I come from a family where Christmas was a huge production. The grand finale featured a mountain of presents that sometimes reached almost halfway up the tree. As a child, I looked forward to it all year long.
I cannot deny that the magic was real for me back then. I could not wait to sneak out before Mom and Dad woke up on Christmas morning and attempt to count the number of gifts that had my name on them. That was usually an exercise in futility because there were so many brightly wrapped packages arranged around the majestic tree, but that did not stop me from trying.
There were many years where money was tight, but that did not necessarily result in fewer presents. It only meant that thrift and creativity was used in the acquisition of that enchanting mountain. It was the one time during the year when we were rather spoiled.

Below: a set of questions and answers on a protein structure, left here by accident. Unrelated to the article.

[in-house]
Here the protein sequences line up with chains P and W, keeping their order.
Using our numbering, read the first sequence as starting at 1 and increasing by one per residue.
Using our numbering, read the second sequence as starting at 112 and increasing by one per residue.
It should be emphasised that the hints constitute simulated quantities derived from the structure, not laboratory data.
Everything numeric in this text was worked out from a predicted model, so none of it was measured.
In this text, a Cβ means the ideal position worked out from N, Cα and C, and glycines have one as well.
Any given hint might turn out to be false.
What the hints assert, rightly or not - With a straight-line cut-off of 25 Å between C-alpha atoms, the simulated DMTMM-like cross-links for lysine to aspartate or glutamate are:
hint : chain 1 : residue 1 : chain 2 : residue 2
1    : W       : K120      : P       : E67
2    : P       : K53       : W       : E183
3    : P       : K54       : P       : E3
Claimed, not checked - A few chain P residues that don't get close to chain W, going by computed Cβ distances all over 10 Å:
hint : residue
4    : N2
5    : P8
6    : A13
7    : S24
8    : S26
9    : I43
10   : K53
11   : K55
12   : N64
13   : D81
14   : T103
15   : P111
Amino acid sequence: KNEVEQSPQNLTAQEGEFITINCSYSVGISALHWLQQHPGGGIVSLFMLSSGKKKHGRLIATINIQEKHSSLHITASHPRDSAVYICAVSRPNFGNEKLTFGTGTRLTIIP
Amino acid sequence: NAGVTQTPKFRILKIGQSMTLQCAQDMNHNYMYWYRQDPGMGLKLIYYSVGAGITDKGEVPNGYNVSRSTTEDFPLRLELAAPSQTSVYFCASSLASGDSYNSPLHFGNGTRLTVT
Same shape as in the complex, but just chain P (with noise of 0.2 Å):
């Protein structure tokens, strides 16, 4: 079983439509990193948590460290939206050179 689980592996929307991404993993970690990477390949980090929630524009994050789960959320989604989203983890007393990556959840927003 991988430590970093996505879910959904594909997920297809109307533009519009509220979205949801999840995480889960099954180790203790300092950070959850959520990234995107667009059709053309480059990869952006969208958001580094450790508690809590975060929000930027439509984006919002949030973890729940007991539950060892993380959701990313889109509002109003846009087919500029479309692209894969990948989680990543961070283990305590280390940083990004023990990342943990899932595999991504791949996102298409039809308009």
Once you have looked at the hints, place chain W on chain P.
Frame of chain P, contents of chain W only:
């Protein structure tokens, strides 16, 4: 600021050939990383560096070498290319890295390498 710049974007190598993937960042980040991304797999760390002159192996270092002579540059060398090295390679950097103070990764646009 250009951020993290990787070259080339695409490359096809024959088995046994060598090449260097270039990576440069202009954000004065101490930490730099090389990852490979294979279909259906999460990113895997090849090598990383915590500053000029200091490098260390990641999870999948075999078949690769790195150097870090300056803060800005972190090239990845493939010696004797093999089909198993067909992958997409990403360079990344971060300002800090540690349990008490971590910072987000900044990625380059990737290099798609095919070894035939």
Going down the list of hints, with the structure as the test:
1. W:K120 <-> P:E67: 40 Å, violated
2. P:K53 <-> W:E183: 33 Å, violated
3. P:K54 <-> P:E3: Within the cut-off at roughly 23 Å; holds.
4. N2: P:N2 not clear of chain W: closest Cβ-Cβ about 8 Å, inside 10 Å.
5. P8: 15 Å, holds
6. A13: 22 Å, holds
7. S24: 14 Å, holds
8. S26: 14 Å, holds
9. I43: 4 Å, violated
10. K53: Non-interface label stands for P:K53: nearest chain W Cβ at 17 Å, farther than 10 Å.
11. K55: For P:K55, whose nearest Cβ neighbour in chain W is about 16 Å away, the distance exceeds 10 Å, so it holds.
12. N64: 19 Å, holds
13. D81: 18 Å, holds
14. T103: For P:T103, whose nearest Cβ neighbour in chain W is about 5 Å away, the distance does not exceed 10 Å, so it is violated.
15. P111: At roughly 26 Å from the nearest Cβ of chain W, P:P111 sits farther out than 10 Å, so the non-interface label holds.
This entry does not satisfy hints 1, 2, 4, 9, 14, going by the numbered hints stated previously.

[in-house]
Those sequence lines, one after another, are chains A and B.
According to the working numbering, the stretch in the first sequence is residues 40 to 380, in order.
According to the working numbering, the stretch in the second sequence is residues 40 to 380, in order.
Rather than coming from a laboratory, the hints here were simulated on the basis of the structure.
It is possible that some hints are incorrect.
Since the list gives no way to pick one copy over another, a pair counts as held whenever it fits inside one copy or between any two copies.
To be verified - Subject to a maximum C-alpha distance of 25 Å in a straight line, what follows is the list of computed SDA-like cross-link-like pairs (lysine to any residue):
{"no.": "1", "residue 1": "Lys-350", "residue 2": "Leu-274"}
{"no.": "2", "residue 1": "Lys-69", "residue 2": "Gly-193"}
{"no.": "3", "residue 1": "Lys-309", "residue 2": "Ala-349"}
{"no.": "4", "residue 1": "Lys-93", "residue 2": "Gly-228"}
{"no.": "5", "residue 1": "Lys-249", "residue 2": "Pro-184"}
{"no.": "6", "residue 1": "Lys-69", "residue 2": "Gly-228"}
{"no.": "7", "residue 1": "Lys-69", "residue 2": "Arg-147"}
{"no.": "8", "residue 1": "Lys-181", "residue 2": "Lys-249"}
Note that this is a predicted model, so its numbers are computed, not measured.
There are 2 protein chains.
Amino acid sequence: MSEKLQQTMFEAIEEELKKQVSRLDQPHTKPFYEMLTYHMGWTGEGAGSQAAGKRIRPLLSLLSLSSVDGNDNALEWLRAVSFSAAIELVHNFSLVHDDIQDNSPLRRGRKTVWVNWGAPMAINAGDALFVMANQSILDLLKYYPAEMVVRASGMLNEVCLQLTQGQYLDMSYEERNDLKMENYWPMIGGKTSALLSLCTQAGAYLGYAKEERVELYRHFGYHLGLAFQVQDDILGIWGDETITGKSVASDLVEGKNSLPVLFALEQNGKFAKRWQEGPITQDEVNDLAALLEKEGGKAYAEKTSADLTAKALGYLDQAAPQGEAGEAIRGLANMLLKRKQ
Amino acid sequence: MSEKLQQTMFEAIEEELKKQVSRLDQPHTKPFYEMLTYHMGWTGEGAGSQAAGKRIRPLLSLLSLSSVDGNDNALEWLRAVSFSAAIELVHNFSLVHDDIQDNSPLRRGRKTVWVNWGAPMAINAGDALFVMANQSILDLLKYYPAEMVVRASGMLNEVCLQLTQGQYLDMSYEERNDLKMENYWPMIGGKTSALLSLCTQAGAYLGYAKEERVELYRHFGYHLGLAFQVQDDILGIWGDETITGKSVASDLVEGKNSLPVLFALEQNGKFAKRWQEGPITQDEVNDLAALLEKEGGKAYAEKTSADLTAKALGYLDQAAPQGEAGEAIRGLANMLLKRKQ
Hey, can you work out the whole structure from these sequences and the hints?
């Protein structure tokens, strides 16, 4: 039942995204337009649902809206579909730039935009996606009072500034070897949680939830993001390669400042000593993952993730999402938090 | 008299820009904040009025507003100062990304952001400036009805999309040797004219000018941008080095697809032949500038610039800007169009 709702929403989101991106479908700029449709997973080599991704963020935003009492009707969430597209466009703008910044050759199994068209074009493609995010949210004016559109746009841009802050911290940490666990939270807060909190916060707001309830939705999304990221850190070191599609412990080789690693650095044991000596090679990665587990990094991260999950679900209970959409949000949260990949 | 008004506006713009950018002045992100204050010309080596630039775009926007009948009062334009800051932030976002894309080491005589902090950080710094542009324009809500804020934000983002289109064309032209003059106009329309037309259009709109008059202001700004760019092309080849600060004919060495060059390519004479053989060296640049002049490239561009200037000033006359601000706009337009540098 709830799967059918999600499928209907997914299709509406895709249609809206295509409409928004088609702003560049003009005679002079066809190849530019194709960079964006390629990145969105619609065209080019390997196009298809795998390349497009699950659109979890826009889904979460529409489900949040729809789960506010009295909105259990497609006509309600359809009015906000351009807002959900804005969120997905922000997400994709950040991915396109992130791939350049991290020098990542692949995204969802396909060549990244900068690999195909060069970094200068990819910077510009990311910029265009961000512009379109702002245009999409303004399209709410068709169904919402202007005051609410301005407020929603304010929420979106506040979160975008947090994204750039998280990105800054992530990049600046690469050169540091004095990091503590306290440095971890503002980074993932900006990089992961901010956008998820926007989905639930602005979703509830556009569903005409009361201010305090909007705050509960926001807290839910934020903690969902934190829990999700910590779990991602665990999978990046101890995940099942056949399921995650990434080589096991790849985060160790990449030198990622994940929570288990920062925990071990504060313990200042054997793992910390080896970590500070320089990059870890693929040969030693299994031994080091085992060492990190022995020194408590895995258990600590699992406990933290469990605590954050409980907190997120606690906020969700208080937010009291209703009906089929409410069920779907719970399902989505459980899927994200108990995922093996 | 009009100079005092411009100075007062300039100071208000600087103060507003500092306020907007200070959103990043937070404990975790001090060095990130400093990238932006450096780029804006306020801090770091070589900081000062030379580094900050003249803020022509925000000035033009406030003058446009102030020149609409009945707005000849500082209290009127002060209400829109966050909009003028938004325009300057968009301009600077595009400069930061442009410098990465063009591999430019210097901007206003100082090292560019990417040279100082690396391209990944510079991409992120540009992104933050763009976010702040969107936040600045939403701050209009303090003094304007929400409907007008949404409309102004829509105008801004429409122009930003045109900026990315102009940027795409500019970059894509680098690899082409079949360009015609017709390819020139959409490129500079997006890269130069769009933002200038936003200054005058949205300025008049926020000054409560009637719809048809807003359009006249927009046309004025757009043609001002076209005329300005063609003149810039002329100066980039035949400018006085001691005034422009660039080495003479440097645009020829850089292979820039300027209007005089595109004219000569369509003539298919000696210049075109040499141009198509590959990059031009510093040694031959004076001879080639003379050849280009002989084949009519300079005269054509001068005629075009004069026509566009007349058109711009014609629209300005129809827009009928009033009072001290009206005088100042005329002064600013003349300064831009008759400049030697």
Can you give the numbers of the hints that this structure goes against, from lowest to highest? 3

I remember feeling sorry for my friend one year because she only got one gift when I could not even name everything that I got without looking at the stash. I was sure that she was deprived of the Christmas magic that I had grown to love. For me, that magic consisted of stuffâ€¦and lots of it.
However, I also remember that, despite the amount of time, thought, effort, creativity, and money that my parents invested in order to make Christmas big and memorable, it seemed like there wasÂ alwaysÂ somebody unhappy after all of the gifts were opened because they did not get what they wanted. I felt bad for my parents when that happened, but I brushed those feelings aside when I looked at my own stack of gifts…
Come visit meÂ over atÂ Writing in the StillnessÂ to read the rest of this post and find out why my husband and I decided to abandon the tradition of big Christmases in favor of a more simpleÂ approach, and how that has joyfully transformed theÂ month of December in more ways than we expected.